Helping children make healthy choices

Sabin, Davis, Hetrick, Anderegg, Macalady, Walker, Darling, and Katers

Meal and snack times provide a time to encourage healthy habits and conversation. When wise snacking is added to three nutritious meals a day, adults can achieve the total recommended daily guidelines for healthy American children.

Grazing

Over 27 percent of American children’s daily calories come from snacking also known as grazing. This snacking doesn’t have to be bad. It could be something you had planned to offer at mealtime anyway as part of the five basic groups on a plate: about half fruits and vegetables, half grains and protein, and a glass milk or yogurt.

This plan of including tasty fruit and vegetable snacks is especially useful if fruits and vegetables are often left on the plate or a big point of contention at mealtime.

A snack that satisfies hunger might be cut up fruits and vegetables like oranges, bananas, pears, apples, or frozen peas with just a small amount of cereal or crackers. Add a little cheese, yogurt,or small piece of turkey. You may want to replace crackers with whole grain bread pieces, pockets or wraps and a little peanut butter (check with your physician). Recommendations are five to thirteen servings of fruits and vegetables daily.

Three meals plus three nutritious snacks (including one at bedtime) meet the nutritional guidelines.

Another suggestion is to provide water or milk during mealtimes and snacks rather than juice or soda. Drinking water rather than soda is cheaper; it is caffeine and sweetener free and will become a habit.

Creative nutrition

Families can make substitutions to add nutrition. If children like fries you might substitute easy homemade carrot or sweet potato fries that kids can help make. Preheat the oven to 425 degrees. Peel and cut carrots or sweet potatoes into strips about ½” x ½” x 3″. Toss with olive oil and place on a sprayed tin foil. Cook for 10 minutes, flip, and cook for about 10 more minutes. Watch closely. Some people like parmesan sprinkled on top before eating.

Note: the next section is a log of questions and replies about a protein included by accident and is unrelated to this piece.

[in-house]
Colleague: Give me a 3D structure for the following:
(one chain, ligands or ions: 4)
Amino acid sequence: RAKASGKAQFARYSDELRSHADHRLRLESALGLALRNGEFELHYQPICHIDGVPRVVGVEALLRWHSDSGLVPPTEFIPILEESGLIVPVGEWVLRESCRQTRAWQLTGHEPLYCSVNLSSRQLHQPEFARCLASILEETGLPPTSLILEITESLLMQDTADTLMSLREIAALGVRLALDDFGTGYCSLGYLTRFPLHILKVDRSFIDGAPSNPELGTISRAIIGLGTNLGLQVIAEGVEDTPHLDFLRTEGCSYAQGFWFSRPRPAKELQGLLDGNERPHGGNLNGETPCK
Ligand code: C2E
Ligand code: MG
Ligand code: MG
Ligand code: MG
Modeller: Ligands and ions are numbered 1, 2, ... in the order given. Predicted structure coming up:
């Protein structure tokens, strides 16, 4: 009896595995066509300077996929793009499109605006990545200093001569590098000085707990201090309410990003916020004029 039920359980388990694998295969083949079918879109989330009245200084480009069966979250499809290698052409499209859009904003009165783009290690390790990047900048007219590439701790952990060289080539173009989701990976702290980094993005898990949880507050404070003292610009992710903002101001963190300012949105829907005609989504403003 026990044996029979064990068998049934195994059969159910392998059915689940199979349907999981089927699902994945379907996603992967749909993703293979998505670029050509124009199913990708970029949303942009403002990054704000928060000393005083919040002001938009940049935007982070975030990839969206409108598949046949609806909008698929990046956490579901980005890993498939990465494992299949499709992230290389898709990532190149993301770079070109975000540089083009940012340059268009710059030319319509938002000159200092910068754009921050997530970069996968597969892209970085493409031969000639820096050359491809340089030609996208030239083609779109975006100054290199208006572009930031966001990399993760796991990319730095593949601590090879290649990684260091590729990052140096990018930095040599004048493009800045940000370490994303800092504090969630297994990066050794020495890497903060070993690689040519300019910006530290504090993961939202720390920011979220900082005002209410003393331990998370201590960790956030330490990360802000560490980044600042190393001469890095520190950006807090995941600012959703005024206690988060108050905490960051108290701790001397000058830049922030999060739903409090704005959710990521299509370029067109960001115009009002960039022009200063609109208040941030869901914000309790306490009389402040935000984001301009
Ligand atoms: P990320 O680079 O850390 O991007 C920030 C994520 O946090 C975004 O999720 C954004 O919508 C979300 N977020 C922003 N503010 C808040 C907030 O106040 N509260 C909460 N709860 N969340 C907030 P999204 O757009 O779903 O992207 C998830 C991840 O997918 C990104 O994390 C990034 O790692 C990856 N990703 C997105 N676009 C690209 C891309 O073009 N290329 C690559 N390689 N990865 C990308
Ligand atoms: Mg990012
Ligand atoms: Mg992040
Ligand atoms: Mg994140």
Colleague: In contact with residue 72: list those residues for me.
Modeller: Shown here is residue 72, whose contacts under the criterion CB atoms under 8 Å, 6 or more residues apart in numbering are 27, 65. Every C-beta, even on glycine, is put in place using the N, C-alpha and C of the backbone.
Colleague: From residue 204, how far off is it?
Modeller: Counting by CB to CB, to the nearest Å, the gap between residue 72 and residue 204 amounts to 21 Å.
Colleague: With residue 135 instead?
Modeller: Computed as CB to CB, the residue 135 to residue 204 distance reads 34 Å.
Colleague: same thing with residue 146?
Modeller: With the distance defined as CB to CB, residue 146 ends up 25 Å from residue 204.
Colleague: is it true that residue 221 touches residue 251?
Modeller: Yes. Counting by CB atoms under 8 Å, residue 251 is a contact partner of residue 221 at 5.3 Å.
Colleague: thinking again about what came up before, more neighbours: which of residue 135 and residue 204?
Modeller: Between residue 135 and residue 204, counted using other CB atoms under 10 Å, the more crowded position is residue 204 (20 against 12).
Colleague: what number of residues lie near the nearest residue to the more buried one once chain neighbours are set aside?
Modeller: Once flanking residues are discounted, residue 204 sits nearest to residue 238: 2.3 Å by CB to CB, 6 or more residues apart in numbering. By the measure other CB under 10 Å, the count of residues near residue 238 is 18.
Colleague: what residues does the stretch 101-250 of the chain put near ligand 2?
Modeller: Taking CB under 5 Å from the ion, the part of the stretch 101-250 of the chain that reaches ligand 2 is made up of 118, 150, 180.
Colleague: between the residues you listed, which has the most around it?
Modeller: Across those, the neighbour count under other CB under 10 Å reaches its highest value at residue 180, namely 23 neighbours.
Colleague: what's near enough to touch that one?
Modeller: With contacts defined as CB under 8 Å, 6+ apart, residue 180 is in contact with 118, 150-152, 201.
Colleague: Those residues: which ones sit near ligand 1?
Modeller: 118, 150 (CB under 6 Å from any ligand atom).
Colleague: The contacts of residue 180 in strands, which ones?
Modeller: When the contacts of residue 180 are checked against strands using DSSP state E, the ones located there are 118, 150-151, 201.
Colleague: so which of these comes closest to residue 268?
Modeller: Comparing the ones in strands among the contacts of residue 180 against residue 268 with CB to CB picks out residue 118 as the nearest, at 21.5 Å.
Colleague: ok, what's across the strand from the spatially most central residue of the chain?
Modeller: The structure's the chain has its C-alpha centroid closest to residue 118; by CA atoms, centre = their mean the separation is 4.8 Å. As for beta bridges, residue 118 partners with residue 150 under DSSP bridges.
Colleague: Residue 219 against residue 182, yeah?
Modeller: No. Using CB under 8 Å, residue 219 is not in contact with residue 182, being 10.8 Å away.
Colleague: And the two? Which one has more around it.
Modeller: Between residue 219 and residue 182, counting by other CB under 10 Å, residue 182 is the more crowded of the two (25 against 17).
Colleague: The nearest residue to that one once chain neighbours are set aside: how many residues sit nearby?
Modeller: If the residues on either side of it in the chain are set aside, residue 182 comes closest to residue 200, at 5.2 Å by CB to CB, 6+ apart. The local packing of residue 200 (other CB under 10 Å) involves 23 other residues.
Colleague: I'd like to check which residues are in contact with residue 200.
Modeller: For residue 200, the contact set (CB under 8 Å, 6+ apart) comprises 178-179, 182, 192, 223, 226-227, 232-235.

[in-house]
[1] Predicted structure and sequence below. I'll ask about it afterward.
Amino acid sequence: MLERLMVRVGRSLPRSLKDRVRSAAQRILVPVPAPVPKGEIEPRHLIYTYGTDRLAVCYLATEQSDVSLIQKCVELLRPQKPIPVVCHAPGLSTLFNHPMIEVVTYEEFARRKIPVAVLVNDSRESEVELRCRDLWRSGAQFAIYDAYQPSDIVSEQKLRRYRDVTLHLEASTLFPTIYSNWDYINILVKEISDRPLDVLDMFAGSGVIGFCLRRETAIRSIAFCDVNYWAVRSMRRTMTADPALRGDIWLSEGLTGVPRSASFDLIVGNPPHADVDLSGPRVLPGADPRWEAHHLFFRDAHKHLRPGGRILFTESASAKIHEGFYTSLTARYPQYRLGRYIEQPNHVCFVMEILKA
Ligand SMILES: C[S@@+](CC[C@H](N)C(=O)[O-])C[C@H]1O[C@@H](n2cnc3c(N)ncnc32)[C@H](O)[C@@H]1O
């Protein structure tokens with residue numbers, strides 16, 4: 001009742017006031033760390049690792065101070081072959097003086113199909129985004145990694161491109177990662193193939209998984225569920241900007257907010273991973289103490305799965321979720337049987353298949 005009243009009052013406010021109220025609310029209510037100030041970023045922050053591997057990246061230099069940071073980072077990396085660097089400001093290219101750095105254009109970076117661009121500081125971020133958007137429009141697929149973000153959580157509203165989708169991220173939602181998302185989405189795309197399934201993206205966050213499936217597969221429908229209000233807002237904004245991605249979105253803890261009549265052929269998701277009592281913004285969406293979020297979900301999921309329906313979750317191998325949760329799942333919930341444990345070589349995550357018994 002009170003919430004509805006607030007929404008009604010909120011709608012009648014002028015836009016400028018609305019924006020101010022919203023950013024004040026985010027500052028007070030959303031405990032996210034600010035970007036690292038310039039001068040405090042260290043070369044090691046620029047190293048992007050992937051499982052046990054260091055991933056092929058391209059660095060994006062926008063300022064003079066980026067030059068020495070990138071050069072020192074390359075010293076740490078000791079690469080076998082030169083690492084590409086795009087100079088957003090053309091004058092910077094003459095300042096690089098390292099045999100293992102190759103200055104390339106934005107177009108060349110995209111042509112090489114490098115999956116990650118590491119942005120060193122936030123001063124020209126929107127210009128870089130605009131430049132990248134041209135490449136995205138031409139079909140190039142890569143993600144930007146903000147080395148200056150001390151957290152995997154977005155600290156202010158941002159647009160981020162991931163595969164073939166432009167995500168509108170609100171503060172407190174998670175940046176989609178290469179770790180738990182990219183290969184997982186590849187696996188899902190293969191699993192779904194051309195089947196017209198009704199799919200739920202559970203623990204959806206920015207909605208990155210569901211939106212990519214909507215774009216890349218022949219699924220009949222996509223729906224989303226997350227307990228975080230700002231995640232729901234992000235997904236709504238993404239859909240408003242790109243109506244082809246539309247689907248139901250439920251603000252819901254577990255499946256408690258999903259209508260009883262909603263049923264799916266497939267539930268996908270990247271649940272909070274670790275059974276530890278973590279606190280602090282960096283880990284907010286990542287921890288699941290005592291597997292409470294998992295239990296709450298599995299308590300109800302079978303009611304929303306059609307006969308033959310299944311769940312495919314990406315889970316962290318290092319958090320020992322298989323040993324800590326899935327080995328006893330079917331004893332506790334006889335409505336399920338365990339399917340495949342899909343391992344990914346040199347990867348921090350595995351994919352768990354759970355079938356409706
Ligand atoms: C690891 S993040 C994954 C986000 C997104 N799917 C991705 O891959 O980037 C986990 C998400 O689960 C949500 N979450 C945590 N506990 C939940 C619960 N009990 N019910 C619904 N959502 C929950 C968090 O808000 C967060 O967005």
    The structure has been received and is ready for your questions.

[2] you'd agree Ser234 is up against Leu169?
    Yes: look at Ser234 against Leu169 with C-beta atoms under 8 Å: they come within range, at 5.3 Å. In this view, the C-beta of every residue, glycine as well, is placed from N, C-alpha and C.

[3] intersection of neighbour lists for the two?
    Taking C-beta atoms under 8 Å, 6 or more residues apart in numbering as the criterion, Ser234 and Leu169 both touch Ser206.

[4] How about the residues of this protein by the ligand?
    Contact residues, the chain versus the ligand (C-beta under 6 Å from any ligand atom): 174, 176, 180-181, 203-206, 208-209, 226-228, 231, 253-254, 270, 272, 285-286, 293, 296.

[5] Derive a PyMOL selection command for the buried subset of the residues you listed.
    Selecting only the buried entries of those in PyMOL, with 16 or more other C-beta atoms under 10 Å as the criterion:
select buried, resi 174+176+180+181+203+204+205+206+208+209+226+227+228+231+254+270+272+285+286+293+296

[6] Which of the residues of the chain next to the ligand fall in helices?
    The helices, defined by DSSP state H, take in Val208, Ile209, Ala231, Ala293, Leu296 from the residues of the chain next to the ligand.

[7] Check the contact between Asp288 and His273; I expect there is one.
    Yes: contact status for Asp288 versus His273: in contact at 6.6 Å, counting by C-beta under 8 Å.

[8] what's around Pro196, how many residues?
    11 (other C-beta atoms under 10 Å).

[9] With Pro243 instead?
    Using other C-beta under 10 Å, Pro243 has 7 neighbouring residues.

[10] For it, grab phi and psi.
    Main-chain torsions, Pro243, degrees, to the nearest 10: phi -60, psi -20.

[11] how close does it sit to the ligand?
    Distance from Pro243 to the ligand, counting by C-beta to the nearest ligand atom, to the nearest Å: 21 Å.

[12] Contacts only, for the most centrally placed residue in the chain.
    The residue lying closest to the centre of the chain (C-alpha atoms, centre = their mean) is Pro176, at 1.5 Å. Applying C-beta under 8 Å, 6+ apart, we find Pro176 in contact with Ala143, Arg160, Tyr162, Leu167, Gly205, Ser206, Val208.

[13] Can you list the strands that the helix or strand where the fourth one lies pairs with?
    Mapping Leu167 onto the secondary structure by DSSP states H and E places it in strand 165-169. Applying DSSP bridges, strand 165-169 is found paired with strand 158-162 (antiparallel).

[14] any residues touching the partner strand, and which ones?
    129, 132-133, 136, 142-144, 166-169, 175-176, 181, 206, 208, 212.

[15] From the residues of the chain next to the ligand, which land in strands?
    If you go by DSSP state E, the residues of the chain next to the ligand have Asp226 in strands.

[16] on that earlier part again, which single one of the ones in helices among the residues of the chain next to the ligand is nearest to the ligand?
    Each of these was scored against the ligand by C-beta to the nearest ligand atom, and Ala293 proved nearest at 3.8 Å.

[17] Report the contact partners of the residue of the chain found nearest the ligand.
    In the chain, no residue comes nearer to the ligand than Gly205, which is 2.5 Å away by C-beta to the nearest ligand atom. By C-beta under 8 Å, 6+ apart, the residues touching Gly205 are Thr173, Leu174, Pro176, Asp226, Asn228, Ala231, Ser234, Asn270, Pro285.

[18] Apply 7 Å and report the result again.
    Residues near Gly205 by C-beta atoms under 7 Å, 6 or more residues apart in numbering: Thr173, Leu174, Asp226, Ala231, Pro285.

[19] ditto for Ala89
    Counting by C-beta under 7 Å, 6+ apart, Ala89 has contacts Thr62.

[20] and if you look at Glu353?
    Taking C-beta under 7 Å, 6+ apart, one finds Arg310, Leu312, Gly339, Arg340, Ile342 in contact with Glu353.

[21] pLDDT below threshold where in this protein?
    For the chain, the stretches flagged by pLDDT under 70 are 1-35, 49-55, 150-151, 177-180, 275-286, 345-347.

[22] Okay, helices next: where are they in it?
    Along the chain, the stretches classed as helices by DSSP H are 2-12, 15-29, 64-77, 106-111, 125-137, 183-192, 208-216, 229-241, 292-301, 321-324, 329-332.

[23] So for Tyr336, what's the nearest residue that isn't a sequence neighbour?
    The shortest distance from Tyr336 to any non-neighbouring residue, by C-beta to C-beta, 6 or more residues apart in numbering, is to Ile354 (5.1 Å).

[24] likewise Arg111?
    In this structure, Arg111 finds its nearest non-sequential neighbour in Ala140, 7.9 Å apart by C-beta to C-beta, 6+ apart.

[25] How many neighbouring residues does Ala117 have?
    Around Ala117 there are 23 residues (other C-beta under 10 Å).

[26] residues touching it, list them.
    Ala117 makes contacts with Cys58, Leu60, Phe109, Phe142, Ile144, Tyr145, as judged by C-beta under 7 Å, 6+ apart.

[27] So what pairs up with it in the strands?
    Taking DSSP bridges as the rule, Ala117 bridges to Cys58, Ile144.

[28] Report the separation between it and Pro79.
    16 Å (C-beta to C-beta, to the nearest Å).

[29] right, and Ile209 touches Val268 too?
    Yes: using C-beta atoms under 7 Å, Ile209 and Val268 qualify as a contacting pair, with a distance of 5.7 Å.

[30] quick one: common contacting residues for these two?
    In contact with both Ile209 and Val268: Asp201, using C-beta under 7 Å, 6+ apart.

Nutritionists suggest eating a small snack and drinking water or milk with your children. Have your snack at the kitchen table rather in front of the TV, phone, or computer. Play a game of “I Spy” in the room or go through the alphabet thinking of foods or animals that begin with a letter. Older children can practice naming the states and math facts.

Raw carrots can be creative, too. They can be dipped in ranch dressing, hummus, or spread with nut butter. They can be cut into coins to make cheese sandwiches or peeled to make a plate of curly ribbons. Shredded carrots can also be added to mac and cheese, quesadillas, or taco meat, and cooked.

For more see grandparentsteachtoo.blogspot.com; wnmufm.org/Learning Through the Seasons; Facebook, and Pinterest.

EDITOR’S NOTE: Grandparents Teach, Too is a non-profit organization of elementary and preschool teachers from Marquette, Michigan. The writers include: Jan Sabin, Mary Davis, Jean Hetrick, Cheryl Anderegg, Esther Macalady, Colleen Walker, Fran Darling, and Iris Katers. Their mission since 2009 is to help parents, grandparents, and other caregivers of young children provide fun activities to help prepare young children for school and a life long love of learning. They are supported by Great Start, Parent Awareness of Michigan, the U.P. Association for the Education of Young Children, Northern Michigan School of Education, the Upper Peninsula Children’s Museum and the Northern Michigan University Center for Economic Education.